The road from the lake to the trailhead got washed out and has not been repaired yet. You can park at the lake and hike the extra 4 miles. A lot of people were doing the 12 mile round trip as a day hike, but a few also stayed overnight at the campground by the springs. Winter/spring is definitely the best time to go and have the pools to yourself.
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6/5/2006
The hot springs were pretty cool. The seven of them were spread out so that if you wanted some privacy with your friends, you could get it. But there were an awful lot of people up there (on a sunday when it was raining). If you were looking for a romantic time alone with a partner, this does not seem the best place to do it. But it was definately worth the visit since i had never been to a hot springs before. It is a new experience that i highly reccomend trying.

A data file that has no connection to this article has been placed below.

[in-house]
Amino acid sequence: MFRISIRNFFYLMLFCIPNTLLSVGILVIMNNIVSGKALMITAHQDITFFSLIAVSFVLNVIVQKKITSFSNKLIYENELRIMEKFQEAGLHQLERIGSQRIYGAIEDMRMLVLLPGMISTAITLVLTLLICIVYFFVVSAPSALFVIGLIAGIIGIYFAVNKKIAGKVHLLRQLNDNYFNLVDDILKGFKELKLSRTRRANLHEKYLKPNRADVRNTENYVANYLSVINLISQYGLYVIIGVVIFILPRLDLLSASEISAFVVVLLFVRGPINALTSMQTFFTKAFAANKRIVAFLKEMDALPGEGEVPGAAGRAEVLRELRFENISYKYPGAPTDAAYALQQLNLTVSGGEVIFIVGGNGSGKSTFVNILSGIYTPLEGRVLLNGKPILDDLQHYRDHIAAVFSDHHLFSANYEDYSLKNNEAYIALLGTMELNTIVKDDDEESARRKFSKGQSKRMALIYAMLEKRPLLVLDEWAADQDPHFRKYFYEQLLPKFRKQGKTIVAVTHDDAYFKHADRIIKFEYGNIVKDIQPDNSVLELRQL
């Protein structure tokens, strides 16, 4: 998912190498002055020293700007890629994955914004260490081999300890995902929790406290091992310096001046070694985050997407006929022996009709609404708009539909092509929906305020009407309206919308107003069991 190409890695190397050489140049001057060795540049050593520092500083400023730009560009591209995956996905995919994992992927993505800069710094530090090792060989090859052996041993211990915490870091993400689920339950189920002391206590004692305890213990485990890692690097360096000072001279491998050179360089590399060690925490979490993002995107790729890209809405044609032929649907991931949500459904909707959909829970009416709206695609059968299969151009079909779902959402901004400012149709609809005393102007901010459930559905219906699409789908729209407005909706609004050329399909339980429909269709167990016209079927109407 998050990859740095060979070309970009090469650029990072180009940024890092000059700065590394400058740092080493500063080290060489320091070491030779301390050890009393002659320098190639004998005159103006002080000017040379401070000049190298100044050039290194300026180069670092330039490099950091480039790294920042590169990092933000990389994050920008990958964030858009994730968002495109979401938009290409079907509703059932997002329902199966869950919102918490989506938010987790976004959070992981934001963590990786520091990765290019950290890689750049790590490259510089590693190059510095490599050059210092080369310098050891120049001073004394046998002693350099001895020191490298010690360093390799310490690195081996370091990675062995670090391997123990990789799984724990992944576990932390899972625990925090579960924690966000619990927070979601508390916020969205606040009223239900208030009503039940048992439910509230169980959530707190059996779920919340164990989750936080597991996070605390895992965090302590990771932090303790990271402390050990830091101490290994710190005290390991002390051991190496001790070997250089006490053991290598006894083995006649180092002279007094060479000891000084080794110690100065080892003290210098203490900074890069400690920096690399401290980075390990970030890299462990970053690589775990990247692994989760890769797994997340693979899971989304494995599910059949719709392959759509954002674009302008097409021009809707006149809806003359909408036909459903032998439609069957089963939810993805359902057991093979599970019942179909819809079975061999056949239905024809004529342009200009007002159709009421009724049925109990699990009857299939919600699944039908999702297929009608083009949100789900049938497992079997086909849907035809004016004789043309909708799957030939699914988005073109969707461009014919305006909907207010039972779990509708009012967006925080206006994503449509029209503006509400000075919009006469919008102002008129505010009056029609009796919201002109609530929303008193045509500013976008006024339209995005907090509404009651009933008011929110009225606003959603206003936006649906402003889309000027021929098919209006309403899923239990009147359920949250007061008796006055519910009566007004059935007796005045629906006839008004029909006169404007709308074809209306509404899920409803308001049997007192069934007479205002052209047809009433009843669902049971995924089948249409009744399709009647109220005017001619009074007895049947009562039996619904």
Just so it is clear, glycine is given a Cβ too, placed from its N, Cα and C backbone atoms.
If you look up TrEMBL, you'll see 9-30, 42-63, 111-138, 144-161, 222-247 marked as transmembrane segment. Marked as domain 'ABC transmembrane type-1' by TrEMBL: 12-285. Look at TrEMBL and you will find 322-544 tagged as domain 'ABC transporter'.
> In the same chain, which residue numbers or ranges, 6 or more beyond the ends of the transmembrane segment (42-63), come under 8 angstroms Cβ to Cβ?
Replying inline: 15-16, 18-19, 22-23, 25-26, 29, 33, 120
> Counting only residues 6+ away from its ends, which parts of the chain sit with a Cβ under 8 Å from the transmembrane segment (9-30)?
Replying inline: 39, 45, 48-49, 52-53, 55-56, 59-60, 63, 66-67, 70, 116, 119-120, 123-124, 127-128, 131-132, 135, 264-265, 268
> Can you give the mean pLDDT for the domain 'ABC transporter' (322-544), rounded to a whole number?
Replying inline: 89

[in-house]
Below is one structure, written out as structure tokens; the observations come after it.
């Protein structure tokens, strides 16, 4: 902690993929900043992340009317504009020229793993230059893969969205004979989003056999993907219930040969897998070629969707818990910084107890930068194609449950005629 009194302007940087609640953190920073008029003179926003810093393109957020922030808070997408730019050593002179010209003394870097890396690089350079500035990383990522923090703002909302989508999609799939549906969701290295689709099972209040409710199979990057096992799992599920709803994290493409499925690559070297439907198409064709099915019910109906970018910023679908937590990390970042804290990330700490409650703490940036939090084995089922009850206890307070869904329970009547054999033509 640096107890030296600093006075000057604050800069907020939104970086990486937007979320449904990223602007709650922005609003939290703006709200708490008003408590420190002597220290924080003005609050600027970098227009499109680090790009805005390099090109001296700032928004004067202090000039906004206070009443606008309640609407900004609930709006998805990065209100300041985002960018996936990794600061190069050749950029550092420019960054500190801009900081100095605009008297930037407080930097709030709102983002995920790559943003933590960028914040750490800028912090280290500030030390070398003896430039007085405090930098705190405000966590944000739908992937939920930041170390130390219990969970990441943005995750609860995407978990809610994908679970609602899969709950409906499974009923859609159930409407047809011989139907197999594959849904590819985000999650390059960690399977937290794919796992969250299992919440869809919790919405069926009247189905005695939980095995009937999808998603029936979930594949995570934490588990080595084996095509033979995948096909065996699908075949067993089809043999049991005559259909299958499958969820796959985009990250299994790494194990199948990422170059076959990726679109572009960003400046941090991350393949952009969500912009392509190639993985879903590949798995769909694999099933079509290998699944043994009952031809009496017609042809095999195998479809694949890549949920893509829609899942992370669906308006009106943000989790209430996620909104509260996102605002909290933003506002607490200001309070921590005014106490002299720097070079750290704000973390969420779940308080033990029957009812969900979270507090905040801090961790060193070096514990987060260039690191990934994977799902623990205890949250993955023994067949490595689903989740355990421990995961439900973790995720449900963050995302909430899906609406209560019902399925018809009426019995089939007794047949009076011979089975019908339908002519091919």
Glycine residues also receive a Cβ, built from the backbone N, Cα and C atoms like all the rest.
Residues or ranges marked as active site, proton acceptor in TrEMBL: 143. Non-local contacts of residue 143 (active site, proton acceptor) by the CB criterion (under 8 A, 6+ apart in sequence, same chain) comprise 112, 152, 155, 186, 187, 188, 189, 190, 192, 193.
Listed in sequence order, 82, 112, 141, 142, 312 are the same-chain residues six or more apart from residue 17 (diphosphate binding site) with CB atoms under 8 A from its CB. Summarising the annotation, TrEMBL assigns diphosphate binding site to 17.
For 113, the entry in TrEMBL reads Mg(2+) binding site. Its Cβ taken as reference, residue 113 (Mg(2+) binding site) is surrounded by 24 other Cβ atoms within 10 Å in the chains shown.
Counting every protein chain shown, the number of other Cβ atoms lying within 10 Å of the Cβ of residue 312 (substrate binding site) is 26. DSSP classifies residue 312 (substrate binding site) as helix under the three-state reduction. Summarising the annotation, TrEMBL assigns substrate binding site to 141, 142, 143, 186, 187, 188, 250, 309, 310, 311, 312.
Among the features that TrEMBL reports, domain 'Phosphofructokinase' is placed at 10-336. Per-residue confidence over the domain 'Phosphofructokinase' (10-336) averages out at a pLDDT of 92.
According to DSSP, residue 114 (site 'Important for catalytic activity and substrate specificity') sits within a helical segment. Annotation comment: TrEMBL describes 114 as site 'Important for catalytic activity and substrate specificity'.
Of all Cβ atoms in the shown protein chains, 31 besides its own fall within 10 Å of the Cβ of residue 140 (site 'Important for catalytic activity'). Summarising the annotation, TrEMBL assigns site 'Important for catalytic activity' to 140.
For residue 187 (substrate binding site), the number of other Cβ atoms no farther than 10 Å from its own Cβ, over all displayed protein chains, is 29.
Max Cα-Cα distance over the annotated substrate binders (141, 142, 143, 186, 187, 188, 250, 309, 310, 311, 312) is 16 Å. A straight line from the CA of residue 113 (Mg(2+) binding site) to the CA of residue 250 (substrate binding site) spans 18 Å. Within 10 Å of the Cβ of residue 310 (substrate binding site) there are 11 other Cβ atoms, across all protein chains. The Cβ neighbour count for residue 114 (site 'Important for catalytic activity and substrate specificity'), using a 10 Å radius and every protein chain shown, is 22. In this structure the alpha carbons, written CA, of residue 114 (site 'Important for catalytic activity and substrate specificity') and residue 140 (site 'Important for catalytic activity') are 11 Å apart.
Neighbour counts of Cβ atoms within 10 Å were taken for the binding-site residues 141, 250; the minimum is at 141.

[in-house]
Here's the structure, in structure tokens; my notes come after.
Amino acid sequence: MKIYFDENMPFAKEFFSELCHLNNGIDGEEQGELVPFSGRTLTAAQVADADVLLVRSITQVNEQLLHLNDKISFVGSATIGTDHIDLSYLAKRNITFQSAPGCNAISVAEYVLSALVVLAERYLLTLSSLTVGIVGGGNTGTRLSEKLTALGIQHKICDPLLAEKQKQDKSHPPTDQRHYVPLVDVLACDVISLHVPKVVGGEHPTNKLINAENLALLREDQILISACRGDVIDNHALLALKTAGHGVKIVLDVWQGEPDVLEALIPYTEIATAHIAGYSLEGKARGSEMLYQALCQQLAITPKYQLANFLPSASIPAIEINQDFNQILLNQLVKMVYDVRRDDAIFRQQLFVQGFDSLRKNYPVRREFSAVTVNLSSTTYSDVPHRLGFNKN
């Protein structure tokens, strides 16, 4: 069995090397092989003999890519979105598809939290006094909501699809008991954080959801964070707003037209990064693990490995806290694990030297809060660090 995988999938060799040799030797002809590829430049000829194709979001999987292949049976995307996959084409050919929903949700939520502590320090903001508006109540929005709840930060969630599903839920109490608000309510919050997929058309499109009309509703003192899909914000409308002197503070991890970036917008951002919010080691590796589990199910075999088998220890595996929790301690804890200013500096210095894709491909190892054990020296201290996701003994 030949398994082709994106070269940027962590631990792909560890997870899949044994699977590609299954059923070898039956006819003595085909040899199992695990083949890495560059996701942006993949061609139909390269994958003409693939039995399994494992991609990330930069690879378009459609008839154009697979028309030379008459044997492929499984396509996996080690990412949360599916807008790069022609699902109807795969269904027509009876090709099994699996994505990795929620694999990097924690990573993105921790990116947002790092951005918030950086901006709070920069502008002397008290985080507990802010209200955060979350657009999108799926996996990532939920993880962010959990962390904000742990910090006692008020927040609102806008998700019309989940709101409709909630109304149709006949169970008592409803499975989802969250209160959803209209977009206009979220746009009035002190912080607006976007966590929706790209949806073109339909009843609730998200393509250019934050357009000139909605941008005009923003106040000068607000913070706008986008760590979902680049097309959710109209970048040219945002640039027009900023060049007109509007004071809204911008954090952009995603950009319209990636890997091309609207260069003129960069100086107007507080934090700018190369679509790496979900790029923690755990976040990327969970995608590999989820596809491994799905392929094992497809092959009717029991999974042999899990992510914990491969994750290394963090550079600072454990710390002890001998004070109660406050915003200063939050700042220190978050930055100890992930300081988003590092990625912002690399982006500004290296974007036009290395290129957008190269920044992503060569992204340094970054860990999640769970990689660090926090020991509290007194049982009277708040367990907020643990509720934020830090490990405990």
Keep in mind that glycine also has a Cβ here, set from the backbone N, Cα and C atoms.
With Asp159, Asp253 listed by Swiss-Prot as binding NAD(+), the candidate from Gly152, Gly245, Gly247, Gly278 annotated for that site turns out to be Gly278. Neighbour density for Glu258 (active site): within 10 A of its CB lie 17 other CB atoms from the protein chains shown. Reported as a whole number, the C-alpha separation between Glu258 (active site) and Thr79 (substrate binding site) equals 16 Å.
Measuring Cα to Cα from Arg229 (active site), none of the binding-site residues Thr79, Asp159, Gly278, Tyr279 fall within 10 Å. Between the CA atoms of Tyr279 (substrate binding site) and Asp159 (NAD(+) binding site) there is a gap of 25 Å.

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9/9/2003
Arrived in late afternoon and biked to the pools. This is a very accessible trail for everyone of all ages. The pools were very hot and even though there were cars in the parking lot we had a pool all to ourselves. Very romantic in the evening. Bring your headlamps if you plan to bike out becaue you'll end up staying longer than you expected.
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9/29/2002